Jose Torres - Americano

August 16, 2009

August 12th was the day of the biggest sporting event of the year for Mexicans: The USA-Mexico World Cup Qualifier. Mexico has historically had a stronger soccer team than the US; however, all that has changed in the past 10 years and now the US holds the edge in recent matches. For Mexicans, this is a bitter reality; soccer is the one thing that Mexicans once could unquestionably claim superiority to their richer northern neighbors. To give you an idea how important this matchup is for Mexicans, consider this: El Estadio Azteca holds 115,000 spectators and is the fifth largest stadium in the world. For the US-Mexico World Cup qualifier, it sold out weeks in advance; for a match played at 3:00pm on a Wednesday afternoon! The pride of an entire nation hung in the balance....and I was one of the 400 or so crazy Americans inside who would inspire the ire of a stadium full of futbol fanaticos.

The American fans were escorted into the stadium and up to our section by a large contingent of riot police. At the time this seemed like overkill; the mexicans had been friendly outside the stadium as we shared in chants and cheers. However, later on we would come to understand why this protection was needed.

For Americans, there is simply no reference to compare the sheer volume of noise generated inside of the Estadio Azteca. You have to yell at the top of your lungs just to hear your own voice. Every time the American section started a chant, we were drowned out within 30 seconds by masses of shouting and horn-blowing Mexicans.

From the moment of kickoff, the electricity in the stadium kicked up to another level. The US got off to an early lead, which silenced much of the stadium. Disgruntled Mexicans threw beer and plastic bottles over into our section as we celebrated. But that was nothing compared to the barrage of flying objects that befell our section when Mexico scored a few minutes later. I consider myself fortunate that I was only soaked with beer, as many others had it much worse.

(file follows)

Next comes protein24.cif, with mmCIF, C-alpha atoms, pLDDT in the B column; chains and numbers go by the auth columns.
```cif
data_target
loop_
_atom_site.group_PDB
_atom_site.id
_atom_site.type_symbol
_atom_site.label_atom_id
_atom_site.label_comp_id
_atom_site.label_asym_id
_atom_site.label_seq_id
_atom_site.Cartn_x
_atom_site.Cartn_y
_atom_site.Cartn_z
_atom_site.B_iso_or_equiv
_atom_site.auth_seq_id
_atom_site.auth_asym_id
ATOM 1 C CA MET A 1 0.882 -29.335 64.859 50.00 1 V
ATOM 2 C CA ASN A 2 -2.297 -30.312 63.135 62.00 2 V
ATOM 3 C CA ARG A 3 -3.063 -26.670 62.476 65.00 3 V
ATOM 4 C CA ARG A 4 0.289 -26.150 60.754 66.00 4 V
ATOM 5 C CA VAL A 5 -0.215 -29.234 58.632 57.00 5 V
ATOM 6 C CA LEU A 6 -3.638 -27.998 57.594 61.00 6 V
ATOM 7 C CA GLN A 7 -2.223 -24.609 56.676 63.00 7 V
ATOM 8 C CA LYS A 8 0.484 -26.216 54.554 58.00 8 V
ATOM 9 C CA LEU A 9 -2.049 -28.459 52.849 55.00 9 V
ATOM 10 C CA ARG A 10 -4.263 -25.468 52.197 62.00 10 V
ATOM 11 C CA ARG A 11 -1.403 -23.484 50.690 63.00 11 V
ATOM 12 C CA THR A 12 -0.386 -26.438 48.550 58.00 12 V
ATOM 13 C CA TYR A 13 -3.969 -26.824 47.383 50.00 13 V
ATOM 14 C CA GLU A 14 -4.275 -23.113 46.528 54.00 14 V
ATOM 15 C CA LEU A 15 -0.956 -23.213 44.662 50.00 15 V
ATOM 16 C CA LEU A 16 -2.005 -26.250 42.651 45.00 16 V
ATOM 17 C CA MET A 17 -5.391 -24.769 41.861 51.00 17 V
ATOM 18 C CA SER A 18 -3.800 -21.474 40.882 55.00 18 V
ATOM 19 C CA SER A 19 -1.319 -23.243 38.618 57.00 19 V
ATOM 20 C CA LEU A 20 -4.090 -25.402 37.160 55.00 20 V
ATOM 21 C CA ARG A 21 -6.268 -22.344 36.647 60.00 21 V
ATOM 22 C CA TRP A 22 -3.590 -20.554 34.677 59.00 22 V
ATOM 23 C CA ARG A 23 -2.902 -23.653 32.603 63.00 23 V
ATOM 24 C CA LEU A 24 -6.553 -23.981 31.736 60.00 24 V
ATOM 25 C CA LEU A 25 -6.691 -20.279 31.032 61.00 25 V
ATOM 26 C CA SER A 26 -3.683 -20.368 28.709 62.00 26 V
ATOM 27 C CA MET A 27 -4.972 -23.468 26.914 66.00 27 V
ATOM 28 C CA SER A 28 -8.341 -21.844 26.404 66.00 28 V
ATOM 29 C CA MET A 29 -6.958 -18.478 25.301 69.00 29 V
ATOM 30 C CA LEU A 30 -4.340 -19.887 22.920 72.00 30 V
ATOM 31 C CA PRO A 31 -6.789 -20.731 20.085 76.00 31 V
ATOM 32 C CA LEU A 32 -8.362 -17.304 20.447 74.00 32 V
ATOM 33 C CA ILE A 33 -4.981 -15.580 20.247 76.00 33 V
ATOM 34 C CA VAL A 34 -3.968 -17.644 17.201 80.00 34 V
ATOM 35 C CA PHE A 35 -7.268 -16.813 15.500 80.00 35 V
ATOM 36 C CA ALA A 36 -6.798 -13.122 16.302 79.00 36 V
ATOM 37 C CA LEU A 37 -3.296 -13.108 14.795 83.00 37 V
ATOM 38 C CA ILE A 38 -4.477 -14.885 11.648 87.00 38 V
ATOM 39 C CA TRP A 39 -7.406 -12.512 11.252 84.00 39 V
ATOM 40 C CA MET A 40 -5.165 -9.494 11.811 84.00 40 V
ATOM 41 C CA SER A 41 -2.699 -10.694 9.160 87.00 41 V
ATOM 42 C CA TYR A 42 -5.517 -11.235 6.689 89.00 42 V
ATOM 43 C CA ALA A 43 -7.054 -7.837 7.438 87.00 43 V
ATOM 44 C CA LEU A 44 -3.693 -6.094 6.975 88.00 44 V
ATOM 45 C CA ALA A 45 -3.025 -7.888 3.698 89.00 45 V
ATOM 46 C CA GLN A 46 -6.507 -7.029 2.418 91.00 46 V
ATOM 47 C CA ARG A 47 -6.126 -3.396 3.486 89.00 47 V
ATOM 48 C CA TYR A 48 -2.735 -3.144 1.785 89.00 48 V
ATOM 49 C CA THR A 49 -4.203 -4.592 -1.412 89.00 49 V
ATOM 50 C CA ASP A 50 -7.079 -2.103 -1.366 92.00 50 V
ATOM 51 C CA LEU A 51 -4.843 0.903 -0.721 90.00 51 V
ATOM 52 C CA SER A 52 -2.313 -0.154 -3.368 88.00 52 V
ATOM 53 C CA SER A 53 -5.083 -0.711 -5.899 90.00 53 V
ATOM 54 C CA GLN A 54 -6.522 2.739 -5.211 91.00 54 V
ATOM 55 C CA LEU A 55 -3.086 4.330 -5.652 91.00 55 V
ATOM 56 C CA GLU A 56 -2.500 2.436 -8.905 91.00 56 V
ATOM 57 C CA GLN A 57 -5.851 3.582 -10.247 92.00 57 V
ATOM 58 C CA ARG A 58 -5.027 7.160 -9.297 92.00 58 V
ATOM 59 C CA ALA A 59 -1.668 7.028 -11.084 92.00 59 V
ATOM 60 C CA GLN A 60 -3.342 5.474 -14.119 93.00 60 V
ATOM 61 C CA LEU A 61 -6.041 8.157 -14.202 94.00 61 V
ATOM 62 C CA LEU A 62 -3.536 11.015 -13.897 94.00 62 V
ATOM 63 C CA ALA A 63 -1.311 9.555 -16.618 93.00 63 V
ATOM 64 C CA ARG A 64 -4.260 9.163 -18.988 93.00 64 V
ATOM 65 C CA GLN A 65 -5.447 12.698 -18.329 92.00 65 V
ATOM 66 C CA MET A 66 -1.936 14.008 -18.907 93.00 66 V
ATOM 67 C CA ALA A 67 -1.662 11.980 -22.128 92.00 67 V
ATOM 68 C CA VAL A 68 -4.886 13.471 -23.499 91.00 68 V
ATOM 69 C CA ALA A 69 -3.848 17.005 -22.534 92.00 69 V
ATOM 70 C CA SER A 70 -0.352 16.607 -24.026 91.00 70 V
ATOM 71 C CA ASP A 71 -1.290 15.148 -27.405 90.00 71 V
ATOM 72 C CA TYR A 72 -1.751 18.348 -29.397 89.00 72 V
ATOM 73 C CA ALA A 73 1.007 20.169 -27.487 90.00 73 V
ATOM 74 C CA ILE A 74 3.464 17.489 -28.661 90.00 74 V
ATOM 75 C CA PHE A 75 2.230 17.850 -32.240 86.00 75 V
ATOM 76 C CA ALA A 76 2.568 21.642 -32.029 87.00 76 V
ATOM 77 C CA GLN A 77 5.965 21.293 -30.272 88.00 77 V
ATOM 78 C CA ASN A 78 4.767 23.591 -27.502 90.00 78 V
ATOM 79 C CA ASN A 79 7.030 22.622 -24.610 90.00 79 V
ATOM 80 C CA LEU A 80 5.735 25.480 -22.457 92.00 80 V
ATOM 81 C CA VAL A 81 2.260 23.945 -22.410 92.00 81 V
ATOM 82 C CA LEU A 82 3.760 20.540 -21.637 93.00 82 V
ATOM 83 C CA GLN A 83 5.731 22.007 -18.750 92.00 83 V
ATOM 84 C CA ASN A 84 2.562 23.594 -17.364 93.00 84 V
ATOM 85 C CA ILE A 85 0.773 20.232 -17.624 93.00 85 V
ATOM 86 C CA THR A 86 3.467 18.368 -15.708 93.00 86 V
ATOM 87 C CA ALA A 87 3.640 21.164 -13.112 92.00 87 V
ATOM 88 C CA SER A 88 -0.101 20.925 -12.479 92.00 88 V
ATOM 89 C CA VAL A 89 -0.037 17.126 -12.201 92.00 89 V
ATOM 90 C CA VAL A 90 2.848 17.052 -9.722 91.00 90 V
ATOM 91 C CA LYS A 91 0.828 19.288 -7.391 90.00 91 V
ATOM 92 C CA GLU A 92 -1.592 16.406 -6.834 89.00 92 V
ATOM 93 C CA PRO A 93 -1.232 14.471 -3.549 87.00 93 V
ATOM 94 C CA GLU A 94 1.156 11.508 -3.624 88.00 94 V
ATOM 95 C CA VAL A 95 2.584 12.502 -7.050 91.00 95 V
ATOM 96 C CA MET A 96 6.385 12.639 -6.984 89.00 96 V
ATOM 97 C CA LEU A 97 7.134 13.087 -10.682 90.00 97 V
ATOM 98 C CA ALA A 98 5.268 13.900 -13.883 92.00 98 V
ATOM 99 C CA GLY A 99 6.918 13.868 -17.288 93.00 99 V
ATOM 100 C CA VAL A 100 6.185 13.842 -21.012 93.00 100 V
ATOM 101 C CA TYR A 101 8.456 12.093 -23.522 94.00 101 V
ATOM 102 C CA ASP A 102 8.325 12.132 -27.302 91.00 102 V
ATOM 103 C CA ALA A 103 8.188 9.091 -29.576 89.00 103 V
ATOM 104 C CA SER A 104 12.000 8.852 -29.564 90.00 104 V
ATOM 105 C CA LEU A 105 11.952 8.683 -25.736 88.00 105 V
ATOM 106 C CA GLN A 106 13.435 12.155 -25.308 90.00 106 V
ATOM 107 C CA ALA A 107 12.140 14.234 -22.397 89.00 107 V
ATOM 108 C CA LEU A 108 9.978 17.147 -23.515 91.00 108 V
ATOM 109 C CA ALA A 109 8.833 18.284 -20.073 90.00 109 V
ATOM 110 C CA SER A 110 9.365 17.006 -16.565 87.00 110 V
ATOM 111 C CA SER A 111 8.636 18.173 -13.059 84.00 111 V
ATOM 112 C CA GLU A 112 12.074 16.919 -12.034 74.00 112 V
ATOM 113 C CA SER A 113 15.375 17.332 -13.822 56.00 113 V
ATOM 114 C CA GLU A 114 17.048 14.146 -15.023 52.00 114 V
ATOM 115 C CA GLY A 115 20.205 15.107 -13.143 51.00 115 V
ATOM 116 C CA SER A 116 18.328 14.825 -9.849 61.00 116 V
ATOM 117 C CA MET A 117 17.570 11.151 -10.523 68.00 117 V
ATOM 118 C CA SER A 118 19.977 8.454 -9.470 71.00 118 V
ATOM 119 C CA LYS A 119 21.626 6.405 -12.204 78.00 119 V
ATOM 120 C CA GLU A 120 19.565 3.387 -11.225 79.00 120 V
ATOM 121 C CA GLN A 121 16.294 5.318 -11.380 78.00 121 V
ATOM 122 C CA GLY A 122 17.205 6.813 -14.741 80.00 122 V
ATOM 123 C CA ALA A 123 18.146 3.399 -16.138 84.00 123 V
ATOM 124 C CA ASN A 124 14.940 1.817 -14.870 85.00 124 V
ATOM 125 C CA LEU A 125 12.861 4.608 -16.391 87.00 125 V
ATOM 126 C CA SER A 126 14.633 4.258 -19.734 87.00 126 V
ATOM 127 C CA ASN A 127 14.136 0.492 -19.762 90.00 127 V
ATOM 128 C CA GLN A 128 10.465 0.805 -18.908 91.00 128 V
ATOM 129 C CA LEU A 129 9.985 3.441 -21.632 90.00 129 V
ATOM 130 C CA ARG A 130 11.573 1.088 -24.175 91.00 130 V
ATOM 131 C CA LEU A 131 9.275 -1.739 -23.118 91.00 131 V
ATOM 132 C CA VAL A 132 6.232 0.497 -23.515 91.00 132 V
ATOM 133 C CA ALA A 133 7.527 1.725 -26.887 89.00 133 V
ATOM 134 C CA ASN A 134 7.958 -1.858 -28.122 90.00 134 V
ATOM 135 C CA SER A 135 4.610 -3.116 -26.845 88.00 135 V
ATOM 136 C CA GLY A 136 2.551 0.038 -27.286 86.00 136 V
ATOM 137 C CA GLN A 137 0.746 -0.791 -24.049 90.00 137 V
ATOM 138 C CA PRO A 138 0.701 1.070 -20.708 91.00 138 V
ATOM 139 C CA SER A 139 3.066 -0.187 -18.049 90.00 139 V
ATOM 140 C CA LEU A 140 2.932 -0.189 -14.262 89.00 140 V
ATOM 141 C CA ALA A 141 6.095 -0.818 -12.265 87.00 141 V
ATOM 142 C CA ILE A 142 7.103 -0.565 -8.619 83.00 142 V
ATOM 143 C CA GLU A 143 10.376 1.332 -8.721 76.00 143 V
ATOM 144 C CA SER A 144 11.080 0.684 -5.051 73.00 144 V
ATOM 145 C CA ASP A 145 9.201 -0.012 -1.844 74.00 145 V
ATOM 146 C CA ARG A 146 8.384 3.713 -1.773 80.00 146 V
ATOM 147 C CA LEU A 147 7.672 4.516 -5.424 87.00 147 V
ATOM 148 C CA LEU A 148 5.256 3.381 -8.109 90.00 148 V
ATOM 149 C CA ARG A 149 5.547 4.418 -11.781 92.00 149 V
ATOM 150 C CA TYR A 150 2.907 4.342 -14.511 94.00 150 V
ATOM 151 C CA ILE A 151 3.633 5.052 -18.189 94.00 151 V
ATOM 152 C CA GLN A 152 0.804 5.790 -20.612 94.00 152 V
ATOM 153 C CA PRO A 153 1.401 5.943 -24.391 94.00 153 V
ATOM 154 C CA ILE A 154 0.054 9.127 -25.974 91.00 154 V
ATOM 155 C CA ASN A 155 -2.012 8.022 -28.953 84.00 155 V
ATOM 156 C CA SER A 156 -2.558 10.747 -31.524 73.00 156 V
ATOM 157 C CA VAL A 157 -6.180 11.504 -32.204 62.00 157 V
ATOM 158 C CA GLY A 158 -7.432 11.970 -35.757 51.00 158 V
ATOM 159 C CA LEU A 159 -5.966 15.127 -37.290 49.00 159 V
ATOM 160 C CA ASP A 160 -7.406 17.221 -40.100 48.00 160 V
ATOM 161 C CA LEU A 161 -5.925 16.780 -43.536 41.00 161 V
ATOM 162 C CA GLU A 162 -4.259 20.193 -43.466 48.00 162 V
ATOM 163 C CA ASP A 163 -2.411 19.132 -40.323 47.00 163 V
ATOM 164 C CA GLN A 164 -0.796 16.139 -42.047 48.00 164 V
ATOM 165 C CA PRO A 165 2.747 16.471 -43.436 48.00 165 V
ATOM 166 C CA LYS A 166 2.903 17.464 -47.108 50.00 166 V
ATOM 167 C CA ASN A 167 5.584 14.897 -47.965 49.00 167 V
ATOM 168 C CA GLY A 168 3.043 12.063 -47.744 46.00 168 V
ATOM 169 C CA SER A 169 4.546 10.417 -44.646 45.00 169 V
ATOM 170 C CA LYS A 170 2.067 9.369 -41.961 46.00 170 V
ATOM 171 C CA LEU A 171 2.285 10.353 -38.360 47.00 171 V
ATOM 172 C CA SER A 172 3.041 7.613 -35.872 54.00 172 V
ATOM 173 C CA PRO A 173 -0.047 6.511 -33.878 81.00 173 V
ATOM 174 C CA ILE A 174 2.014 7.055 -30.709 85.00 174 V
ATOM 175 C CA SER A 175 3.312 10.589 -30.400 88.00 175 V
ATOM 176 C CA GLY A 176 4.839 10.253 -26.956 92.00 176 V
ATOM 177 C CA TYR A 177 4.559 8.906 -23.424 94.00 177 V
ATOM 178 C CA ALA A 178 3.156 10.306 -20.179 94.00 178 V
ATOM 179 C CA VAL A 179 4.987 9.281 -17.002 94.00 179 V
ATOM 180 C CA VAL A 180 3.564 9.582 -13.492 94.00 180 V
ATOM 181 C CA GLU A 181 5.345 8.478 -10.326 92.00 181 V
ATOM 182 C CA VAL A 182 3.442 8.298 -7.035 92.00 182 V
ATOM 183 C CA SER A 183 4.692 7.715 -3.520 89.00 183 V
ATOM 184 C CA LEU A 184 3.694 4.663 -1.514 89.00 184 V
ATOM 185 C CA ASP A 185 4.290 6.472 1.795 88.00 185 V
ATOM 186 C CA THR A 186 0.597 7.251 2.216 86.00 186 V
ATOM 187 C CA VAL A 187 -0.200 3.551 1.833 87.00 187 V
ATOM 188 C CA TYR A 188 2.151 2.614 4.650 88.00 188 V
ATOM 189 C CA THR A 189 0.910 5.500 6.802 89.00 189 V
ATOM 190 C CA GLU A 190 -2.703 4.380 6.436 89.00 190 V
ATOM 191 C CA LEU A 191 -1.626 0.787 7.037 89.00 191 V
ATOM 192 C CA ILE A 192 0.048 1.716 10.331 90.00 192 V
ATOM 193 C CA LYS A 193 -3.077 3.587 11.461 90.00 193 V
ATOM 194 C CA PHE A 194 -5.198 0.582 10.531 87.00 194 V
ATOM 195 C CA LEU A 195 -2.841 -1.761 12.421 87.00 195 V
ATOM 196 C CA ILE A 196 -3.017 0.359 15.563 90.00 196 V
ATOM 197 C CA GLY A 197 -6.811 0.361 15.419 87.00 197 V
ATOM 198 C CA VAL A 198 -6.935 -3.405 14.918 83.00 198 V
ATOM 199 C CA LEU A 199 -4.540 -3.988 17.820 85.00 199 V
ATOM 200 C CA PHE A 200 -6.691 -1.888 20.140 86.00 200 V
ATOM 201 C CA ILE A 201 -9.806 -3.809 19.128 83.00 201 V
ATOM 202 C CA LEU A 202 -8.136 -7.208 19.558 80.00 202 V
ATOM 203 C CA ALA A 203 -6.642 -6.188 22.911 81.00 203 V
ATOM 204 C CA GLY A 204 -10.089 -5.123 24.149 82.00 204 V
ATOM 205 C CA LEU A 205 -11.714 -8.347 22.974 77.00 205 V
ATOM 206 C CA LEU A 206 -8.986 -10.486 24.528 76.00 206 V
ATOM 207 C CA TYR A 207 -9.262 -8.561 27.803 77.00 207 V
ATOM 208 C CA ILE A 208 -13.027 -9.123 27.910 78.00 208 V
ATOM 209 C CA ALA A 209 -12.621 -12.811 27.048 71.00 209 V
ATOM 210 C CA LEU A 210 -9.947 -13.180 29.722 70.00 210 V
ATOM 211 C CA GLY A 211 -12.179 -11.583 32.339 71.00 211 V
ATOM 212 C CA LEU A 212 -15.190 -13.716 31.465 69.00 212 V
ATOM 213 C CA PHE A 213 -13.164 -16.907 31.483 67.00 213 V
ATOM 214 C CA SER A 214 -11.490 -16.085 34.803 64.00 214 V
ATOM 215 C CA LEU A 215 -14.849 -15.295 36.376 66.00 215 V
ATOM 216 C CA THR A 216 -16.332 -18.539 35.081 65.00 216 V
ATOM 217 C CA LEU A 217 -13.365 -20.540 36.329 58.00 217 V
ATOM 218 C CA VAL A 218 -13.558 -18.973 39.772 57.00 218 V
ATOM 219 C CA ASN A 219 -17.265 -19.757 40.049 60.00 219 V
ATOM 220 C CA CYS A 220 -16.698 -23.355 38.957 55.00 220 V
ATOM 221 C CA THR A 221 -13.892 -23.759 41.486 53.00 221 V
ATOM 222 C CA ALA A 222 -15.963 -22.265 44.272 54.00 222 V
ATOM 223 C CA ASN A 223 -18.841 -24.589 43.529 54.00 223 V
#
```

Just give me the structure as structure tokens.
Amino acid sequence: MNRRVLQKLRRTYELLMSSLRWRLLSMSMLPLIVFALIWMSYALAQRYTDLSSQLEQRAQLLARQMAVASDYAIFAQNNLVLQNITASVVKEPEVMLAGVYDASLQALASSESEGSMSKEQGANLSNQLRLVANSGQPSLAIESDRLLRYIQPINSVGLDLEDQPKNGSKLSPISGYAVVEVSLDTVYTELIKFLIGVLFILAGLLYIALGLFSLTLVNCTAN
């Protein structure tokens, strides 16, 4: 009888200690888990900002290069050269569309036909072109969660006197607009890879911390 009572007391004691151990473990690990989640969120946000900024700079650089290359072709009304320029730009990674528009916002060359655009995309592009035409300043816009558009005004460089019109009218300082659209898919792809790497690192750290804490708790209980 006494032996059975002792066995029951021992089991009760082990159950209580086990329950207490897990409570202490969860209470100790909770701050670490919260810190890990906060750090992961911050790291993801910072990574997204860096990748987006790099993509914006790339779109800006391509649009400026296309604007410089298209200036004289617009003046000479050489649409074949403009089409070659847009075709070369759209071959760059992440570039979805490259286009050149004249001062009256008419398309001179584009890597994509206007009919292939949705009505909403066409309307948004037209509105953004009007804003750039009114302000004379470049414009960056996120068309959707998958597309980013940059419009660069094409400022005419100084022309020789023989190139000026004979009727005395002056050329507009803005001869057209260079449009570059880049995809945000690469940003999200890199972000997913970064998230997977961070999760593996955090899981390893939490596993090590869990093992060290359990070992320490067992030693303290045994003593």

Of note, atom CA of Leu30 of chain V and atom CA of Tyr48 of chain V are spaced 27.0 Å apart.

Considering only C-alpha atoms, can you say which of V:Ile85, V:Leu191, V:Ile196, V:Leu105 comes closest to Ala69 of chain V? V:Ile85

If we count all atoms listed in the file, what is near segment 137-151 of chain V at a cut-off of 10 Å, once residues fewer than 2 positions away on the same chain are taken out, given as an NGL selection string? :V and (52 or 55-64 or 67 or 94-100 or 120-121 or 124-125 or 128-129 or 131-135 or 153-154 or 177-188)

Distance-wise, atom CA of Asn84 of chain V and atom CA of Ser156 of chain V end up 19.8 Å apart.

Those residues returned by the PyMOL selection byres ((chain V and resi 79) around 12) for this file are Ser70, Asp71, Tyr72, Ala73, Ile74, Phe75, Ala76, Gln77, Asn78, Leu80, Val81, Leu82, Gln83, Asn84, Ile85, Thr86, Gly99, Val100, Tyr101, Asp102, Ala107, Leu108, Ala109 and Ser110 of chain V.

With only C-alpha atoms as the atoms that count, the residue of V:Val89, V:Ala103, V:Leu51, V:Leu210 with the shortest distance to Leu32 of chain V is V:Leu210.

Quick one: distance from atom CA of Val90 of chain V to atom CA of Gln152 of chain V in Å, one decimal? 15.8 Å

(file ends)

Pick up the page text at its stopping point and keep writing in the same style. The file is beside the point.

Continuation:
With the score tied up 1-1 at halftime, the tension abated for a moment and I got the photo above with some Mexican fans. But there would be few pleasantries between us after the second half got under way. The US tired under a relentless Mexican assault (in addition to the smog of Mexico City, the high altitude, and scorching sun), and Mexico scored with time running out in the match. The crowd was sent into a frenzy. Mexico 2-1. Once the final whistle blew, the riot police hurriedly escorted us from our section as crazed Mexican fans unleashed a torrent of beer, bottles, food items, and even bags of urine. Police held up our entire section of the stadium to let us through, but that did not stop the tirade of insults and projectiles directed at us.

The scene outside the stadium was unreal. A barricade of shield-wielding police formed a protective cocoon around us, and marched us past hordes of wild Mexican fans. Once again, we dodged airborne objects and were subjected to verbal abuse. While I never really felt physically threatened, I've never felt so reviled in my life.

While we had taken the metro to the stadium, there was no way we could safely return in the same manner. Incredibly, our protection unit had another surprise waiting for us. We were led to a police provided riot-bus. I don't know about you, but I never imagined that I would find myself being escorted on a Mexican paddy-wagon! We packed aboard like sardines, and proceeded to drive through the streets of Mexico City, chanting and singing all the while. Eventually, we were let off at another metro station, away from the stadium and Mexican fans.

Every one of the American fans can agree that this was an unforgettable experience. The level of passion at the game was just incomparable to anything you can find in the States. While the Mexican fans lack sportsmanship and I wholeheartedly disagree with their behavior, I don't take it personally because they treat visiting fans from many places in the same way. When rival Mexico City clubs play at the Azteca, they have to be escorted into the stadium through different parts of the city, such is the venom that their fans have towards their opponents. In conclusion, any brave fan of the US National team owes it to themself to experience this matchup in the flesh.


  1. Excellent writing Adam. How did you get that footage of us in the police blockade after the match?

    I agree with this statement: "While I never really felt physically threatened, I've never felt so reviled in my life."


  2. Hey man! Glad you liked it. I found that youtube clip through a bigsoccer post...I think it was taken by a Mexican.

  3. what an experience! if i had the time off work, i would have joined you for this! it might have been scary, sure... but there's always safety in numbers :)